Everyone likes a good read.
It could be a short, zippy few hundred words like this piece, or a long, riveting piece of narrative journalism that grips you from word one, all the way through to word 10,000.
A couple days ago a good friend and I were discussing narrative journalism – and she had asked if I had seen this piece.
Nope, I didn’t.
So I took a gander, and my, my, my – I was blown away.
Then we started compiling a small list on Google Docs of some ‘must-read’ pieces of long form, narrative journalism.
It got me thinking about the structure and form of narrative and long form, and how it could be applied to the short, daily dispatches a good bit of us, definitely me, have to do day in and day out.
What’s more, it got me thinking visually – and about how we could try and use principles of narrative storytelling in multimedia pieces and how we structure our stories.
Anyway, a while back we had a really great guest post about narrative journalism and how to break into the field, as well as an outline of some good places to find a few pieces.
Well, on the back of that, albeit a few months later, here are some pieces that any budding (and experienced) journalist should take a gander at – as they’re all masterful pieces of storytelling and reporting.
Just a small disclaimer, some of these are extremely graphic and definitely a tad disturbing.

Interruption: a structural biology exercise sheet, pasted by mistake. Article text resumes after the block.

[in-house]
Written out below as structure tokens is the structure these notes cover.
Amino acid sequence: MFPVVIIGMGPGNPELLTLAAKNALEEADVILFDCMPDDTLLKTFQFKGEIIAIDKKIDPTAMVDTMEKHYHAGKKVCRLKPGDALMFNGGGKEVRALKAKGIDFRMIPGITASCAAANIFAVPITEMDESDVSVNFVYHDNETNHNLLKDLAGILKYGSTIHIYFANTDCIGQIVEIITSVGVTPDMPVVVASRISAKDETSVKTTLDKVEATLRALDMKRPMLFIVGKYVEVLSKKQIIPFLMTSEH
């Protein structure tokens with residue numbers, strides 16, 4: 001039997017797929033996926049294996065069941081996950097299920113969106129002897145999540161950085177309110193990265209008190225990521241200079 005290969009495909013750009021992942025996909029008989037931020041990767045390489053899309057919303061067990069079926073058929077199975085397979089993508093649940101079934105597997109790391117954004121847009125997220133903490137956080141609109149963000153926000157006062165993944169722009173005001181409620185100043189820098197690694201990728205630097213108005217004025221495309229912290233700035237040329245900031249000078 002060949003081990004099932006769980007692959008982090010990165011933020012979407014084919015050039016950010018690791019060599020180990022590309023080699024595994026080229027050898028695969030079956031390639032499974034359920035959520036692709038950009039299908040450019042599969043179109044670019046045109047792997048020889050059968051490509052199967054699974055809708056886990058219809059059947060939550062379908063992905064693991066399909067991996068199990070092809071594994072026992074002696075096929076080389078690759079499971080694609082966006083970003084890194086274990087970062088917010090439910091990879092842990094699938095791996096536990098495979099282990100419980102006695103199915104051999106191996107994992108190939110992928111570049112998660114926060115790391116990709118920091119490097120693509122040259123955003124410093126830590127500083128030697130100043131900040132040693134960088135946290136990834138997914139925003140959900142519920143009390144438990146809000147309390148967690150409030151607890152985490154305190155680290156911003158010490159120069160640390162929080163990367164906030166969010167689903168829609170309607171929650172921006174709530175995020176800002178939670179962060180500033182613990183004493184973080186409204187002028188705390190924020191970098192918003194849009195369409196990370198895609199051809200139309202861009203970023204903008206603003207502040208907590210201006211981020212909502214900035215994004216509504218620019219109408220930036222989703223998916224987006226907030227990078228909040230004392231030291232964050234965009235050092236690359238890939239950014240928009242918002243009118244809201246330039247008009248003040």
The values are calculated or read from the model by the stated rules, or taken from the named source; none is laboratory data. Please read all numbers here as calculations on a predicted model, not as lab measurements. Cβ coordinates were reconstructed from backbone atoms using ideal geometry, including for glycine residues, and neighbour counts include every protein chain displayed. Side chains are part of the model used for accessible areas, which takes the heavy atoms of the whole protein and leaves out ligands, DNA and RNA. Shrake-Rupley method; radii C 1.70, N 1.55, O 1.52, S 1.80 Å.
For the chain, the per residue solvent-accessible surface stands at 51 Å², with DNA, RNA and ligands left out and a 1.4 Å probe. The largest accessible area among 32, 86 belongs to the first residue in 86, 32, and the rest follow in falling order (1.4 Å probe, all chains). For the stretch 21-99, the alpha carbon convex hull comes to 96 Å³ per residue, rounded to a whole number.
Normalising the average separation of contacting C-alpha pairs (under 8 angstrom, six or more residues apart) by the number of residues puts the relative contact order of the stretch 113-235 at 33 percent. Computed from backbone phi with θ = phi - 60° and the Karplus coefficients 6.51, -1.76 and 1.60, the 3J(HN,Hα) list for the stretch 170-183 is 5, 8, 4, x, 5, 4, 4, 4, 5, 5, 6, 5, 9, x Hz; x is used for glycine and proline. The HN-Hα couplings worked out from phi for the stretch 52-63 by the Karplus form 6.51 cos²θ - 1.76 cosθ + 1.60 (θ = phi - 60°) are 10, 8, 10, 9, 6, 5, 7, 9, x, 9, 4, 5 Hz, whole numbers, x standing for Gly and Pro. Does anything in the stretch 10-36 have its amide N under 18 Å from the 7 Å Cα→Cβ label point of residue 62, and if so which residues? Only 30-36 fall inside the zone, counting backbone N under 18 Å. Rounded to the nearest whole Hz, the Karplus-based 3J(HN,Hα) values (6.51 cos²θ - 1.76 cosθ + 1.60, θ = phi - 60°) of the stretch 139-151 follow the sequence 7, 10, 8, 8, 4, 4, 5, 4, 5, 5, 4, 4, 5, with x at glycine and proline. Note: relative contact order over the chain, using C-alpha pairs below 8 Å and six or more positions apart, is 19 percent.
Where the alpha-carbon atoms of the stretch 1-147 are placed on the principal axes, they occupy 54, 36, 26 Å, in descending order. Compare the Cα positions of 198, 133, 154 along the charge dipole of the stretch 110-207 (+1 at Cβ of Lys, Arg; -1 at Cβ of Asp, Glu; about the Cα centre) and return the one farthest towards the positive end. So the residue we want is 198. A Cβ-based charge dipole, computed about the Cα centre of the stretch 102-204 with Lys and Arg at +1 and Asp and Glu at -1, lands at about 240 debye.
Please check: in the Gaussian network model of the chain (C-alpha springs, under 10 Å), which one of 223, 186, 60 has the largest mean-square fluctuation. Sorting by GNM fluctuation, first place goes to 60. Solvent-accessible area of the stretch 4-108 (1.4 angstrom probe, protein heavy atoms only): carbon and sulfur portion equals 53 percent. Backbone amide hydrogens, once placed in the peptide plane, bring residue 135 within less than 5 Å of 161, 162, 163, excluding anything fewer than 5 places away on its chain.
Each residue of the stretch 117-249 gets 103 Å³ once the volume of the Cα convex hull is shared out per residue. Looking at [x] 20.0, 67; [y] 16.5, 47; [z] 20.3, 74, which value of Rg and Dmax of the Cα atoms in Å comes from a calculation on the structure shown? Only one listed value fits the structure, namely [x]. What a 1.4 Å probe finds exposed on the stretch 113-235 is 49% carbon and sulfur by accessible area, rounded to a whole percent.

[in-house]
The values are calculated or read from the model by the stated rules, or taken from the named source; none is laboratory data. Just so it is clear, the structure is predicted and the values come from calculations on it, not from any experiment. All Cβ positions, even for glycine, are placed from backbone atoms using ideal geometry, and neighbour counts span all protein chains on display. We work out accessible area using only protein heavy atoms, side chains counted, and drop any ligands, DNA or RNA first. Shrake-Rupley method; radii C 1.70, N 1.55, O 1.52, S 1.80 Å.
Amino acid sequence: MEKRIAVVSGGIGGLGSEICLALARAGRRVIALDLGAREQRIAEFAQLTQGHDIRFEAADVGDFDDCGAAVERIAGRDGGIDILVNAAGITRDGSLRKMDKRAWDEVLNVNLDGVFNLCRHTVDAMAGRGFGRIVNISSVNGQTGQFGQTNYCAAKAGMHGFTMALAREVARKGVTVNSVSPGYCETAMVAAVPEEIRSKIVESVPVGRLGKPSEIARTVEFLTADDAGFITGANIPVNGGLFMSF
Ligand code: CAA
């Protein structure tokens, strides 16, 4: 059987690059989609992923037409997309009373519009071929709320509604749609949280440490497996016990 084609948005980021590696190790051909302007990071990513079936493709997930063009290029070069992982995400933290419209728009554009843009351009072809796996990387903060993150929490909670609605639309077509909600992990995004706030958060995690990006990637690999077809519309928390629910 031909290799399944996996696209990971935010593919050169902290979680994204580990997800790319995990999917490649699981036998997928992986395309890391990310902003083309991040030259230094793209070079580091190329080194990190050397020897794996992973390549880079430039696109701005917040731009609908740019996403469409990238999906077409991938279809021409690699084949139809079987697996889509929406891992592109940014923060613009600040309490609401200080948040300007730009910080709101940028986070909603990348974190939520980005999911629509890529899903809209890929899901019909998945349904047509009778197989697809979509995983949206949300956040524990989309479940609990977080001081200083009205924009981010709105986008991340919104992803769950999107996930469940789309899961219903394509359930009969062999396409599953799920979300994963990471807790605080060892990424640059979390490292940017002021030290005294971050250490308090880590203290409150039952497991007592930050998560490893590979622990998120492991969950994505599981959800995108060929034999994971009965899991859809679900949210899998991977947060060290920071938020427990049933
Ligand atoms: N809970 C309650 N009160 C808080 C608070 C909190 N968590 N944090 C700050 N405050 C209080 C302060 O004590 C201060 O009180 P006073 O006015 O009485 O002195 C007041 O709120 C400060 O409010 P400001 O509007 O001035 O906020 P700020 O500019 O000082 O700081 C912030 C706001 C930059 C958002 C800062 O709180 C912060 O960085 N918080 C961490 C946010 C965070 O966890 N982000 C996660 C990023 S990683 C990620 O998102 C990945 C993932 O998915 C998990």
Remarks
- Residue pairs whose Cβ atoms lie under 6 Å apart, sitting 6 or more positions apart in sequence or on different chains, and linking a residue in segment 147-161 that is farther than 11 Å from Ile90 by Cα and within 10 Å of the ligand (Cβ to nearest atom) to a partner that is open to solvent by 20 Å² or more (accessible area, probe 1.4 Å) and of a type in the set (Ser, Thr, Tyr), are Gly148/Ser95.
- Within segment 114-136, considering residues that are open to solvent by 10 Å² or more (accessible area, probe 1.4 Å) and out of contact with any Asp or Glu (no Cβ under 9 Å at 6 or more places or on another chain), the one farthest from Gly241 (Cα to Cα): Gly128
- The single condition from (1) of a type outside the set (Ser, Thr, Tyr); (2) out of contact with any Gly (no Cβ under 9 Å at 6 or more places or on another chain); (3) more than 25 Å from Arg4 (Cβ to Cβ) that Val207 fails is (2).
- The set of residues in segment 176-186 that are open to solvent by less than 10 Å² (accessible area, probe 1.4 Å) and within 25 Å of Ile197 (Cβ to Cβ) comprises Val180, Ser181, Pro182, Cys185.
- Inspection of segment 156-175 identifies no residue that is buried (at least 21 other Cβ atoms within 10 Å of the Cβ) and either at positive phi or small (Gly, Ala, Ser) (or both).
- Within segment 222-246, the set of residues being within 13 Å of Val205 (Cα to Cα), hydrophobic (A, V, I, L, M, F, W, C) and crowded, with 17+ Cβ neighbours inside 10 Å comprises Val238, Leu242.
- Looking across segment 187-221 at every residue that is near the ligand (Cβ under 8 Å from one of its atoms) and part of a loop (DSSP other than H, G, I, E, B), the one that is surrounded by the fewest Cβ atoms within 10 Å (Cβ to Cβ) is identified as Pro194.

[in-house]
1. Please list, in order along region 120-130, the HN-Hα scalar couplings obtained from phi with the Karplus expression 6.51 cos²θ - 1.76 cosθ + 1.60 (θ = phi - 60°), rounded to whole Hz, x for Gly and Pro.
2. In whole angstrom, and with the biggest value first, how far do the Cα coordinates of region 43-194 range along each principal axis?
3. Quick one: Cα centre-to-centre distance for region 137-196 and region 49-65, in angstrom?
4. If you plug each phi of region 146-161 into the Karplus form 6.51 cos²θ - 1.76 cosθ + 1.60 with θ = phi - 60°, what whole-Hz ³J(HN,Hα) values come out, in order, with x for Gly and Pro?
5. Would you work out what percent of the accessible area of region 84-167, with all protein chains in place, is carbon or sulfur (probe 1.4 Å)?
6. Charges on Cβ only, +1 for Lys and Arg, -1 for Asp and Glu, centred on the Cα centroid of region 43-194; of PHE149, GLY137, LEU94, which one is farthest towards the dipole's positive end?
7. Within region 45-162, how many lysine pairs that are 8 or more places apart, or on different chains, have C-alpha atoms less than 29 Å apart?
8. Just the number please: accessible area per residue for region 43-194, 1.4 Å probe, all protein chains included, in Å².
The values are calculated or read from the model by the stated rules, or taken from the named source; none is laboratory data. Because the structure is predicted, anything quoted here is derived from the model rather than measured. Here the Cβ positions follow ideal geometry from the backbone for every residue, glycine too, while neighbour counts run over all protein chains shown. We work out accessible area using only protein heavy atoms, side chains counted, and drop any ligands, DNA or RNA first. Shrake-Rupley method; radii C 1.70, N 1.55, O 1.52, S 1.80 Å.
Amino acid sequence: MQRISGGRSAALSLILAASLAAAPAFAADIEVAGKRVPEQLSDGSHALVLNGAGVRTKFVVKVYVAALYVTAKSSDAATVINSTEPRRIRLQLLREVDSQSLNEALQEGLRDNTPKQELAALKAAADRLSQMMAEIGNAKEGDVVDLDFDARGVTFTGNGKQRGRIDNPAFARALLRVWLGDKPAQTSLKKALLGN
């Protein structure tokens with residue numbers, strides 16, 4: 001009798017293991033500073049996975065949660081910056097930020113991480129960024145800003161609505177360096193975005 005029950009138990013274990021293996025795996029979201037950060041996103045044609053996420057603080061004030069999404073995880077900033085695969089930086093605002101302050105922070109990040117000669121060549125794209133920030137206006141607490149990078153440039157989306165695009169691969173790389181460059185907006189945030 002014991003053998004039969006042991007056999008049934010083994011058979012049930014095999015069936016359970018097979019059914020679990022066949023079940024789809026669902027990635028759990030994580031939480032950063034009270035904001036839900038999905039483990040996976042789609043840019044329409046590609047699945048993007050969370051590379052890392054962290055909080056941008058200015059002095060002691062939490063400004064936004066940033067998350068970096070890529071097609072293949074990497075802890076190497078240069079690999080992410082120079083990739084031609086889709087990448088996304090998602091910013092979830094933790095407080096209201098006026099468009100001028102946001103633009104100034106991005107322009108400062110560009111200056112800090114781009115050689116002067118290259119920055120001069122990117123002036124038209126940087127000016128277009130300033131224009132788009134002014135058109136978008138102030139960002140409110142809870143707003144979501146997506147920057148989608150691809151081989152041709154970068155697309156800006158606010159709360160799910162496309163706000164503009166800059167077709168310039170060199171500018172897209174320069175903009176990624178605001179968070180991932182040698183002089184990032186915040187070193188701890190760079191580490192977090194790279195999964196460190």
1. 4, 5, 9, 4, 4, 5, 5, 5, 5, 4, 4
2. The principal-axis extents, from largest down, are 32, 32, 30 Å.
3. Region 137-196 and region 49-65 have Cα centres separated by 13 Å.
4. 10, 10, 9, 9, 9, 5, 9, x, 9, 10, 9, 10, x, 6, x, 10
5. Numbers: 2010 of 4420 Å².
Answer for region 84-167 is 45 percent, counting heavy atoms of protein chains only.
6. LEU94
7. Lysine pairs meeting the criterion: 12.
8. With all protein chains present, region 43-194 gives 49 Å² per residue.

The descriptions are actually not done by me.
*The Bravest Woman in Seattle
by Eli Sanders, The Stranger, June 15, 2011 — Won the 2012 Feature Writing Pulitzer
For herself, for the woman she loved, and for justice, the survivor of the South Park attacks tells a courtroom what happened that night.
Tiny little laws: A plague of sexual violence in Indian country
by Kathy Dobie, Harper’s, February 2011
The psychological and social effects of justice deferred can be seen and felt everywhere on Standing Rock, in a mother’s insistence that no one babysit her kids because there’s no one she trusts; in the acts of violent retribution against accused rapists and molesters carried out by victims’ families because that will be the only justice they receive …
Frank Sinatra Has a Cold
by Gay Talese, Esquire, April 1966
Sinatra was ill. He was the victim of an ailment so common that most people would consider it trivial. But when it gets to Sinatra it can plunge him into a state of anguish, deep depression, panic, even rage. Frank Sinatra had a cold.
And these last two, as my friend gracefully put it, are “Holy Shit!” stories. They are definitely my favorites.
A Murder Foretold
by David Grann, The New Yorker, April 2011
There’s really no apt description for this one. If you haven’t read it. DO IT.
The Last Ride of Cowboy Bob
by Skip Hollandsworth, Texas Monthly, November 2005
He wore a Western hat, never spoke a word, and robbed bank after bank. When the feds finally arrest him, they discovered their suspect was actually a soft-spoken woman. They thought they’d never hear from her again–but she had other plans.
So curl up with some tea and get reading. Also, share some of your favorites as well!
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